So, the first half of may has been a reading mess. I only read 22 pages on May first and it is now May 10th and another page has not been read. Then I came across an old video of Ariel Bissett’s called “i tried reading before every day for a week’ and I was inspired to give it a go and maybe jumpstart my reading again.


The Video


Reading Journal May 10th-May 16th, 2020

5/10: 25 pages of Northanger Abbey by Jane Austen

5/11: 344 pages of Taming of the Shrew by William Shakespeare

5/12: 41 pages of Middlegame by Seanan McGuire

5/13: 30 pages of Middlegame by Seanan McGuire

5/14: 20 pages of Northanger Abbey by Jane Austen

5/15: 15 pages of Northanger Abbey by Jane Austen

5/16: 22 pages of mystery book


Reflection

So,  there are a few things I noticed throughout this process. First, I got back into the habit of reading and enjoying it. The main point of this was to help with me get back into reading. Like I said in the intro, this challenge came into being because I went a long time without reading that was not the cause of a slump. Well, I am happy to report I am reading constantly again. Plus, I wasn’t even feeling forced or pushed into reading, which I was a bit worried about if I am honest.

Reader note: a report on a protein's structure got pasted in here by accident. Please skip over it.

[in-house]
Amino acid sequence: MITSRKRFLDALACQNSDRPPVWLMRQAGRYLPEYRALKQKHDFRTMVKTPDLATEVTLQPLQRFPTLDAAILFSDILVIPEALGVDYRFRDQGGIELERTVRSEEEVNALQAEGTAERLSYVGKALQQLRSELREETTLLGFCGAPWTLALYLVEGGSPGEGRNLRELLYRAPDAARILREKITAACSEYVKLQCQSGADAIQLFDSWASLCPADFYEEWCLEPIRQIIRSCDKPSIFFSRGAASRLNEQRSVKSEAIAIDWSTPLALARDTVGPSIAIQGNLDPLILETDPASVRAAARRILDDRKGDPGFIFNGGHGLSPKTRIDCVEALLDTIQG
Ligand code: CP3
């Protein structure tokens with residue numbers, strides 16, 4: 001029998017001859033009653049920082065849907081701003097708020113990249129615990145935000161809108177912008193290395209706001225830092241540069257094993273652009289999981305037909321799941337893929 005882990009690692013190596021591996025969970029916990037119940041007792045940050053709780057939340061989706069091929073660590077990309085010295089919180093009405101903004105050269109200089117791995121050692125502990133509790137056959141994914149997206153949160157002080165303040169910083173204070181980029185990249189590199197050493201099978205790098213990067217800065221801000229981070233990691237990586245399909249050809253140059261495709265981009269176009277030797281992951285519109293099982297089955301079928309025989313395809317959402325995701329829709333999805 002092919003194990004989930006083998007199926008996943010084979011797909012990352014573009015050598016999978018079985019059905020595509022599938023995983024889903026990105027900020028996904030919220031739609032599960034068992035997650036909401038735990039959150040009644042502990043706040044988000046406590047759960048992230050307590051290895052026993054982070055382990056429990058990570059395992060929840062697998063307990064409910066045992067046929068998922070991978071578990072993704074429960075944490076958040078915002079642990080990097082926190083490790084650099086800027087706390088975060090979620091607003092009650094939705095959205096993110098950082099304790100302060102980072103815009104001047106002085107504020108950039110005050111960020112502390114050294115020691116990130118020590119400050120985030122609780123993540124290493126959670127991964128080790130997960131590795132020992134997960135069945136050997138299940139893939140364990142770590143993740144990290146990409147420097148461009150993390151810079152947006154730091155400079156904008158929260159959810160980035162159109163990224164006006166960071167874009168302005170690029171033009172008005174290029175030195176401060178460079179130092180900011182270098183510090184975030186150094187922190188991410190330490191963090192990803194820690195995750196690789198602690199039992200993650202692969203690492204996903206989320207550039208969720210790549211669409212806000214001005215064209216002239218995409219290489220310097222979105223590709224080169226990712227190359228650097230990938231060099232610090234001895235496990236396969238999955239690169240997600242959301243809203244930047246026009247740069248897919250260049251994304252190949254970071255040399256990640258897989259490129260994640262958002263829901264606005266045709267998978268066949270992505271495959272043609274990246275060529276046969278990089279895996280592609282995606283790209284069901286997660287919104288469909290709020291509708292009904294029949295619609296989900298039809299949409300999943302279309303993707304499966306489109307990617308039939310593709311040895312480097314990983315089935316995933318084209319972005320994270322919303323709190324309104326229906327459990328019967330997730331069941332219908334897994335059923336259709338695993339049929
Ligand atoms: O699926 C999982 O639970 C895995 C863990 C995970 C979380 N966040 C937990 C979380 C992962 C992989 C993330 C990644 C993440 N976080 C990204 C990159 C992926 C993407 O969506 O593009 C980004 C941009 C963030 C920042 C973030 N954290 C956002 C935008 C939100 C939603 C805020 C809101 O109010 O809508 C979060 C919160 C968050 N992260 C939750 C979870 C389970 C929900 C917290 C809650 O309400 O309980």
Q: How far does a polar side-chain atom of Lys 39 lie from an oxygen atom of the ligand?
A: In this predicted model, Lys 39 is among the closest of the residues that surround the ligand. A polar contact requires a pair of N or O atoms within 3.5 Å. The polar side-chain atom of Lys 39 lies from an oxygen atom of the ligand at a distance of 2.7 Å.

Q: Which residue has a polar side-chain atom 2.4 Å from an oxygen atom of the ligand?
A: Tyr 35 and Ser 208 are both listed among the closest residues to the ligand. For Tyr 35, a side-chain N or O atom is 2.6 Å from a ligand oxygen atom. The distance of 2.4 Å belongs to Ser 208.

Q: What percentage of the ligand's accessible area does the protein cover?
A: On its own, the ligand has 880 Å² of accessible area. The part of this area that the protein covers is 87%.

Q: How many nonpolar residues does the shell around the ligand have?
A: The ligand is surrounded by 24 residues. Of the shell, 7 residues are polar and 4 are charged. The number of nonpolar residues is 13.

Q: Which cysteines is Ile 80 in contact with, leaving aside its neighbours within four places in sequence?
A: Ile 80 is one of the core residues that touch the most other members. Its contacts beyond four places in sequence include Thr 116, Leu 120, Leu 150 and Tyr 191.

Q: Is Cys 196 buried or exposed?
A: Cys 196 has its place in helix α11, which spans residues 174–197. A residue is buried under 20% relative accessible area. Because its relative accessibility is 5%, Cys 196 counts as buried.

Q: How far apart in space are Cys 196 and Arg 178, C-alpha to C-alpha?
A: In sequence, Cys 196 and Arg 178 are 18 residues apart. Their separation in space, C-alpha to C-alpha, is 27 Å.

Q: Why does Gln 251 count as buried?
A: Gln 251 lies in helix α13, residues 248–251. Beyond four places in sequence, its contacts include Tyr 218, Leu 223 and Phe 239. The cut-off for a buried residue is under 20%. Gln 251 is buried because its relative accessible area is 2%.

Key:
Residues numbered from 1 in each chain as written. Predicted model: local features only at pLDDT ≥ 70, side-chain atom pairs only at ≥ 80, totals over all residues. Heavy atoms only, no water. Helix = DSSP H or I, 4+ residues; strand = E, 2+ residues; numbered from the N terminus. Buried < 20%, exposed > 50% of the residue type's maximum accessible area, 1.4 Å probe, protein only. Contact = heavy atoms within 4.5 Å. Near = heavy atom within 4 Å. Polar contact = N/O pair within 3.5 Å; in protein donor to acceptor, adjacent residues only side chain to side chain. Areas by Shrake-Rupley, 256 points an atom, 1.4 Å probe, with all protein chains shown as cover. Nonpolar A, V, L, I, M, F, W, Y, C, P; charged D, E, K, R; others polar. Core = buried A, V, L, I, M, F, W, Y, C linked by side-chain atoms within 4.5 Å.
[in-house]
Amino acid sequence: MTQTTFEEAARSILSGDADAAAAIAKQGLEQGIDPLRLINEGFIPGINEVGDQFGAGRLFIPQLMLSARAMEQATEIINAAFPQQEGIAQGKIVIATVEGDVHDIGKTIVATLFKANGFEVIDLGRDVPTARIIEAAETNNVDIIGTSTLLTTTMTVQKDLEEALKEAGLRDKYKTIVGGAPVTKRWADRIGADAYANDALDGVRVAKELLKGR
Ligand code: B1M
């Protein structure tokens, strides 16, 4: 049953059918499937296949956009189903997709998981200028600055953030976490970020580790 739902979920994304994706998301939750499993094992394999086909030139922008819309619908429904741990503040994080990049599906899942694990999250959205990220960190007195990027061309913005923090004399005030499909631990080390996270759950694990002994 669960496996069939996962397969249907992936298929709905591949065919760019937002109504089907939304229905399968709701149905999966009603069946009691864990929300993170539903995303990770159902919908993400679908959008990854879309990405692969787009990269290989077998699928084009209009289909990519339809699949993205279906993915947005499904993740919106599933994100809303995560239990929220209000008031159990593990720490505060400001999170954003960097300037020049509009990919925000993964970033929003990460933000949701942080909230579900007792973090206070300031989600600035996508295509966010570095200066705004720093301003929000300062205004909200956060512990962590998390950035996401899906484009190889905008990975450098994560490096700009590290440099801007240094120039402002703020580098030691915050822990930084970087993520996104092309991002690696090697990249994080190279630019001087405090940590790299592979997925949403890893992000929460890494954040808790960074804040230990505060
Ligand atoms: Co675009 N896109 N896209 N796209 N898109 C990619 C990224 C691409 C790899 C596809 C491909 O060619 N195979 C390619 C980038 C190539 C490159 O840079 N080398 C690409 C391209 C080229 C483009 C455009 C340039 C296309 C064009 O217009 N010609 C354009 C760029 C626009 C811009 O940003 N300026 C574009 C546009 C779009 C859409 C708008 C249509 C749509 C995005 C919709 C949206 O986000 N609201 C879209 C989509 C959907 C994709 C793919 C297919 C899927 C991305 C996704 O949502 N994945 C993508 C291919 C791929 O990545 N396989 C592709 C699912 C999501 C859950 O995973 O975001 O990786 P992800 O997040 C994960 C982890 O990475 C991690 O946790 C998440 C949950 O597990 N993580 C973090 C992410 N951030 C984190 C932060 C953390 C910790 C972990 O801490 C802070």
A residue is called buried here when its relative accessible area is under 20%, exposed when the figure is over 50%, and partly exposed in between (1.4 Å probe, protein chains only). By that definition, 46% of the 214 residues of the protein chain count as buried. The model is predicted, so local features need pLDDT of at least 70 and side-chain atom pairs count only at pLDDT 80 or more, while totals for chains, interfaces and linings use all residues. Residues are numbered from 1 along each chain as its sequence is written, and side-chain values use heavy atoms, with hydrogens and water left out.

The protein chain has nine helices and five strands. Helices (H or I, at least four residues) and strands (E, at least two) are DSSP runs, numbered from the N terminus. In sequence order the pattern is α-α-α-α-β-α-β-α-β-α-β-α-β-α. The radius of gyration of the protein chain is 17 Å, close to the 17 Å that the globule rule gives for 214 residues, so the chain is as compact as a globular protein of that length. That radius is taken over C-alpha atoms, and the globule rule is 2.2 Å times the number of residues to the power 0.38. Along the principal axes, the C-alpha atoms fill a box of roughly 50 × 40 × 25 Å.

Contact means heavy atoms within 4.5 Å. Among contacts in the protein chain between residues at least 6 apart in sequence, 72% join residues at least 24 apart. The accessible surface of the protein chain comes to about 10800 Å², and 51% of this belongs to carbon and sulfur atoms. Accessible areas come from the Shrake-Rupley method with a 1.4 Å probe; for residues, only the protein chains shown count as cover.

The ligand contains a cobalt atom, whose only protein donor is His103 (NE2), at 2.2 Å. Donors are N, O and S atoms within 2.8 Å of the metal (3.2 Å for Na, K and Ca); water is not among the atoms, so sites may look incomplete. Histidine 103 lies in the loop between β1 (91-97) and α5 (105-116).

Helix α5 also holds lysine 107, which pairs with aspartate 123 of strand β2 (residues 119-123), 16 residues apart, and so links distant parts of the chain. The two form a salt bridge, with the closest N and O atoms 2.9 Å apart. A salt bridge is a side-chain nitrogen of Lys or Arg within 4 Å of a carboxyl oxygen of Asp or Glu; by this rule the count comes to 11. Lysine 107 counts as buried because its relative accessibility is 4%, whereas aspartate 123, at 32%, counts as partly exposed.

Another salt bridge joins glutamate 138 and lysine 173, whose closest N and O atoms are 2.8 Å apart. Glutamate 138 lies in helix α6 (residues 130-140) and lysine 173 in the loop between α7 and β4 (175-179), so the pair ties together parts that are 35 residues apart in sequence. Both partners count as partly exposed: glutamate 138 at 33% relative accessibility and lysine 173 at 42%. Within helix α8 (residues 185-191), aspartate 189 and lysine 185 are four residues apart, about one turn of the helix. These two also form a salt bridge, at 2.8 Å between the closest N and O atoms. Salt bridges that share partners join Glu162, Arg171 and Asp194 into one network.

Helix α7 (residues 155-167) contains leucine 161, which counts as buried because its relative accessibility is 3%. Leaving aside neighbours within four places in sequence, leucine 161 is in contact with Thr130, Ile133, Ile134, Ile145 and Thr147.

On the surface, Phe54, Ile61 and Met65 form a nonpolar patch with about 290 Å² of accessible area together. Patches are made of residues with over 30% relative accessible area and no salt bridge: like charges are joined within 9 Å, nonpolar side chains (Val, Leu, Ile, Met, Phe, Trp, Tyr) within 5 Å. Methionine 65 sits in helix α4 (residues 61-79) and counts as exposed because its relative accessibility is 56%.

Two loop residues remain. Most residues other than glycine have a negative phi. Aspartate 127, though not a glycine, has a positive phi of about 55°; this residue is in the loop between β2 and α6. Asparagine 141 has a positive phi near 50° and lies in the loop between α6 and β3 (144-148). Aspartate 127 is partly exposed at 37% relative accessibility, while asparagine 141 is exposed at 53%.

The second thing I noticed is I found I wanted to read at other points of the day as the challenge continued. At the start I didn’t have the urge to read throughout the day. But, since I was getting back into the habit and as I got closer to the end of this challenge, I would want to read in the afternoon and had to hold off. I feel like scheduling time to read or restricting when I can read, doesn’t fully work for me. Apparently my mood reading isn’t just restricted to what I want to read.